Korean heritage at UNESCO

by Philip Gowman on 16 August, 2009

in Heritage, Historical

unescoKorea is rightly proud of some of its heritage, much of which has been given official recognition by UNESCO. For those of you who like lists, here are the various items of Korea’s tangible and intangible heritage which have been so listed. Also included below are links to any LKL articles on these treasures.

(1) World Heritage

First, possibly the most high-profile list, mainly because it’s a list of things that you can tick off on your trips around Korea.

Year Cultural heritage item LKL links
1995 Seokguram Grotto and Bulguksa Temple (ROK) Here
1995 Haeinsa Temple Janggyeong Panjeon, the Depositories for the Tripitaka Koreana Woodblocks (ROK) Here
1995 Jongmyo Shrine (ROK) Here
1997 Changdeokgung Palace Complex (ROK) Here
1997 Hwaseong Fortress (ROK) Here
2000 Gyeongju Historic Areas (ROK) Here
2000 Gochang, Hwasun and Ganghwa Dolmen Sites (ROK) Here
2004 Complex of Koguryo Tombs (DPRK) N/a
2009 Royal Tombs of the Joseon Dynasty (ROK) Here
2010 Historic Villages of Korea: Hahoe and Yangdong (ROK) N/a
2013 Historic Monuments and Sites in Kaesong (DPRK) Here
2014 Namhansanseong Fortress (ROK) Here
2015 Baekje Historic Areas (ROK) N/a

In addition, there’s one item of Natural heritage which gets listed:

Year Natural heritage item LKL Link
2007 Jeju Volcanic Island and Lava Tubes (ROK) N/a

(2) Intangible Cultural Heritage

Next, the Intangible Cultural Heritage items. But what is Intangible Cultural Heritage? This, from the UNESCO site:

According to the 2003 Convention for the Safeguarding of the Intangible Cultural Heritage, the intangible cultural heritage – or living heritage – is the mainspring of our cultural diversity and its maintenance a guarantee for continuing creativity.

The Convention states that the ICH is manifested, among others, in the following domains:

  • Oral traditions and expressions including language as a vehicle of the intangible cultural heritage;
  • Performing arts (such as traditional music, dance and theatre);
  • Social practices, rituals and festive events;
  • Knowledge and practices concerning nature and the universe;
  • Traditional craftsmanship.

The following items of Korea’s heritage are listed:

Year Cultural heritage item LKL Link
2001 Royal Ancestral Ritual in the Jongmyo Shrine and its Music (ROK) Here
2003 Pansori Epic Chant (ROK) Here
2005 Gangneung Danoje Festival (ROK) Here
2009 Namsadang Nori (ROK) N/a
2009 Yeongsanjae (ROK) Here
2009 Jeju Chilmeoridang Yeongdeunggut (ROK) N/a
2009 Ganggangsullae (ROK) N/a
2009 Cheoyongmu (ROK) N/a
2010 Daemokjang, traditional wooden architecture (ROK) N/a
2010 Gagok, lyric song cycles accompanied by an orchestra (ROK) N/a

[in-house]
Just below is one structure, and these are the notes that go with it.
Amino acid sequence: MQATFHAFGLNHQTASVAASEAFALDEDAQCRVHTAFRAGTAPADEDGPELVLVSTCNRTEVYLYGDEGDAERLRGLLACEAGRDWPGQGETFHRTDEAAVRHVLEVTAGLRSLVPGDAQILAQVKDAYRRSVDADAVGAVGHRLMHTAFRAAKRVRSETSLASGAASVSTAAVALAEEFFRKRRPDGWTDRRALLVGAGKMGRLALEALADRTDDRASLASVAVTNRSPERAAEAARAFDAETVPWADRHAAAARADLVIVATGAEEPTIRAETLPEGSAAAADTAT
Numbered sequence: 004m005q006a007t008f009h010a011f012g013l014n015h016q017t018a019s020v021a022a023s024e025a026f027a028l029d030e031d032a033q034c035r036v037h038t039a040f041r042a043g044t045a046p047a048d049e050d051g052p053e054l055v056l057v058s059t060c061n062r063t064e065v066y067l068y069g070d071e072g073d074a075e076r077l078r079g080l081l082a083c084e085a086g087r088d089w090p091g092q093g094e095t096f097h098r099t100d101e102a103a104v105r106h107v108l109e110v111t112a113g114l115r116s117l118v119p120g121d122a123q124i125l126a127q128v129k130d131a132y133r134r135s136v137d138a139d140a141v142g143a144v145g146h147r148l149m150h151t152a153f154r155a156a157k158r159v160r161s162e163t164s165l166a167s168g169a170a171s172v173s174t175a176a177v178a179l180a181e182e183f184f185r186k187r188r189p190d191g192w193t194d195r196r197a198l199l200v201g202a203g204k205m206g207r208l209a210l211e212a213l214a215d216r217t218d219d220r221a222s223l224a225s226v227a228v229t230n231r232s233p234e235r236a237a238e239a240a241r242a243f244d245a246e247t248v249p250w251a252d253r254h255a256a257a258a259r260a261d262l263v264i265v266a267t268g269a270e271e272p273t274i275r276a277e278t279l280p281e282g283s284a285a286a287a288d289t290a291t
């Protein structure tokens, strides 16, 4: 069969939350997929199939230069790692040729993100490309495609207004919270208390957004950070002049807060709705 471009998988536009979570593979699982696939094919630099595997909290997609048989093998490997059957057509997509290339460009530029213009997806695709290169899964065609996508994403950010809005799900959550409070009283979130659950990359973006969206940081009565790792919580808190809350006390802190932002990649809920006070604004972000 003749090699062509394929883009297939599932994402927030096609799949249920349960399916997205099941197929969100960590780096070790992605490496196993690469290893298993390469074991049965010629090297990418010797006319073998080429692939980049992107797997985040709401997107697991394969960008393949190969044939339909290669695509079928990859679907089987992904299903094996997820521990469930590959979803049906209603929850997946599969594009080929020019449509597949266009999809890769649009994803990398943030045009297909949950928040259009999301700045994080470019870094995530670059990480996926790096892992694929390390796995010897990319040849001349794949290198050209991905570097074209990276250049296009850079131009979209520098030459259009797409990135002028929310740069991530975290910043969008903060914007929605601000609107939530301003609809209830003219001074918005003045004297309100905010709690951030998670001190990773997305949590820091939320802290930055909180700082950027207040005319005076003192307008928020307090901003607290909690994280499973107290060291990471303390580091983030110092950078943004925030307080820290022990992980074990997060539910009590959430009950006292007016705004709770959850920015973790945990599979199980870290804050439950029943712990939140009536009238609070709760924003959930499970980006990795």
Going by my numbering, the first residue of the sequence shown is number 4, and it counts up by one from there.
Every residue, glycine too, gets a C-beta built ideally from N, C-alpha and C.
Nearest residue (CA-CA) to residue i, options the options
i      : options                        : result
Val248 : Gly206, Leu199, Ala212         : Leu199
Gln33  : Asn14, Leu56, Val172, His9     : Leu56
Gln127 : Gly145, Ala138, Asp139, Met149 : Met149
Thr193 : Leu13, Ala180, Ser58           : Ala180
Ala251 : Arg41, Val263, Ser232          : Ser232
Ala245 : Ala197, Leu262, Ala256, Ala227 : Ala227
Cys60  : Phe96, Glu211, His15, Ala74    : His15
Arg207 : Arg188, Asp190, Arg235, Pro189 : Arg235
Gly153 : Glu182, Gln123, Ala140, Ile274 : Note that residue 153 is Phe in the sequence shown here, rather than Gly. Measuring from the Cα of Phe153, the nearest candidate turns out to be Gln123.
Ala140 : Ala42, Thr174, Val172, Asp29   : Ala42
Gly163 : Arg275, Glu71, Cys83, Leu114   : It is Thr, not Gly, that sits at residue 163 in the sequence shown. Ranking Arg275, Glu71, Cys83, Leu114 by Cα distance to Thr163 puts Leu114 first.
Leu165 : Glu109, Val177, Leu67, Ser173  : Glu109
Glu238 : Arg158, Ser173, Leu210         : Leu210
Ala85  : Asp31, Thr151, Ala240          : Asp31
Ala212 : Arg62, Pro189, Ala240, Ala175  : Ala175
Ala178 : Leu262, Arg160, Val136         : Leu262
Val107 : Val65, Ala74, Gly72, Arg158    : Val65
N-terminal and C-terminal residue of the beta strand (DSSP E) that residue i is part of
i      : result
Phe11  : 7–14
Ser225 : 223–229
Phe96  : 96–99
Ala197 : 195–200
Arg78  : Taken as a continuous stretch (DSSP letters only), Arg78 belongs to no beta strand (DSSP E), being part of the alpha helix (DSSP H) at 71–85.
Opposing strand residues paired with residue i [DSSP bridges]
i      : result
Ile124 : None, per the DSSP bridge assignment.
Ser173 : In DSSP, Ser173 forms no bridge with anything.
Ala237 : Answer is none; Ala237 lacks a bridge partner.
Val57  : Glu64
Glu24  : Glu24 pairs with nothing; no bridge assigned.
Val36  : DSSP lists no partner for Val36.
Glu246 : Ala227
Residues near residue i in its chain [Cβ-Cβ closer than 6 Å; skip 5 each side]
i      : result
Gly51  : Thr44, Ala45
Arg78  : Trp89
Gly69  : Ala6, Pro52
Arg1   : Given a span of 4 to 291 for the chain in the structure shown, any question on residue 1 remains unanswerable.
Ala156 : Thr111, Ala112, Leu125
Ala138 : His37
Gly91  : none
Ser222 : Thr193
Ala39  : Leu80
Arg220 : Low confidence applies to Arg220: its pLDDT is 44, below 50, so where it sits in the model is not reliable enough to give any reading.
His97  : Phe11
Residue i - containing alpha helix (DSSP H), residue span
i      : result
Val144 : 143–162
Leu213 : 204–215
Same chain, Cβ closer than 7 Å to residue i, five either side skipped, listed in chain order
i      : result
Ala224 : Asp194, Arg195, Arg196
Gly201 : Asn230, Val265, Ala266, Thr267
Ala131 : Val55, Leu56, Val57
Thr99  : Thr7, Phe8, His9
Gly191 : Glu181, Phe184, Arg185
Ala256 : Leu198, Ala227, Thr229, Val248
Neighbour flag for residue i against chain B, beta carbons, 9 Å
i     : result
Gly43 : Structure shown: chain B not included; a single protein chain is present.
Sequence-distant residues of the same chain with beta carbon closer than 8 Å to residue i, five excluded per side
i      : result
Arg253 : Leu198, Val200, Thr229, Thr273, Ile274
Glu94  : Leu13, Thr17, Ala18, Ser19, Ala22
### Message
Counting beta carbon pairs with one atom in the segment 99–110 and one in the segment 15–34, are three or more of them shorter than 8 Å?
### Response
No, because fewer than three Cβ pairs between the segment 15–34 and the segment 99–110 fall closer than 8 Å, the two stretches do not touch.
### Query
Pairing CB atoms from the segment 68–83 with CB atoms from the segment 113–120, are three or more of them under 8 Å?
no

2010 Taekkyeon, a traditional Korean martial art (ROK) Here
2011 Jultagi, tightrope walking (ROK) Here
2011 Weaving of Mosi (fine ramie) in the Hansan region (ROK) N/a
2012 Falconry (Maesanyang), a living human heritage (ROK) N/a
2012 Arirang, lyrical folk song in the Republic of Korea (ROK) Here
2013 Kimjang, making and sharing kimchi in the Republic of Korea (ROK) Here
2014 Nongak, community band music, dance and rituals in the Republic of Korea (ROK) Here
2014 Arirang folk song in the Democratic People’s Republic of Korea (DPRK) Here

(3) Memory of the World

UNESCO’s programme aiming at preservation and dissemination of valuable archive holdings and library collections worldwide

Year Cultural heritage item LKL Link
1997 The Hunmin Chongum Manuscript Here
1997 The Annals of the Choson Dynasty Here
2001 Seungjeongwon Ilgi, the Diaries of the Royal Secretariat Here
2001 Baegun hwasang chorok buljo jikji simche yojeol (vol.II), the second volume of “Anthology of Great Buddhist Priests’ Zen Teachings” (the jikji) Here
2007 Uigwe: The Royal Protocols of the Joseon Dynasty Here
2007 Printing woodblocks of the Tripitaka Koreana and miscellaneous Buddhist scriptures Here
2009 Donguibogam: Principles and Practice of Eastern Medicine Here
2011 Human Rights Documentary Heritage 1980 Archives for the May 18th Democratic Uprising against Military Regime, in Gwangju, Republic of Korea N/a
2011 Ilseongnok: Records of Daily Reflections N/a
2013 Archives of Saemaul Undong (New Community Movement) N/a
2013 Nanjung Ilgi: War Diary of Admiral Yi Sun-sin N/a
2015 Confucian Printing Woodblocks N/a
2015 The Archives of the KBS Special Live Broadcast “Finding Dispersed Families” N/a

(4) Biosphere Reserves

Possibly a less familiar list. According to the UNESCO website,

Biosphere reserves are areas of terrestrial and coastal ecosystems promoting solutions to reconcile the conservation of biodiversity with its sustainable use. They are internationally recognized, nominated by national governments and remain under sovereign jurisdiction of the states where they are located. Biosphere reserves serve in some ways as ‘living laboratories’ for testing out and demonstrating integrated management of land, water and biodiversity. Collectively, biosphere reserves form a world network: the World Network of Biosphere Reserves (WNBR). Within this network, exchanges of information, experience and personnel are facilitated. There are over 500 biosphere reserves in over 100 countries.

From the DPRK, the following sites are listed:

Mount Paekdu (1989)
Mt. Kuwol (2004)
Mount Myohyang (2009)
Mt Chilbo (2014)

And from the ROK:

Mount Sorak (1982)
Jeju Island (2002)
Shinan Dadohae (2009)
Gwangneung Forest (2010)

(5) Tentative list

Finally, a list of those properties which each Korea intends to consider for nomination to the World Heritage list in the future

From the ROK:

And from the DPRK:

Links:

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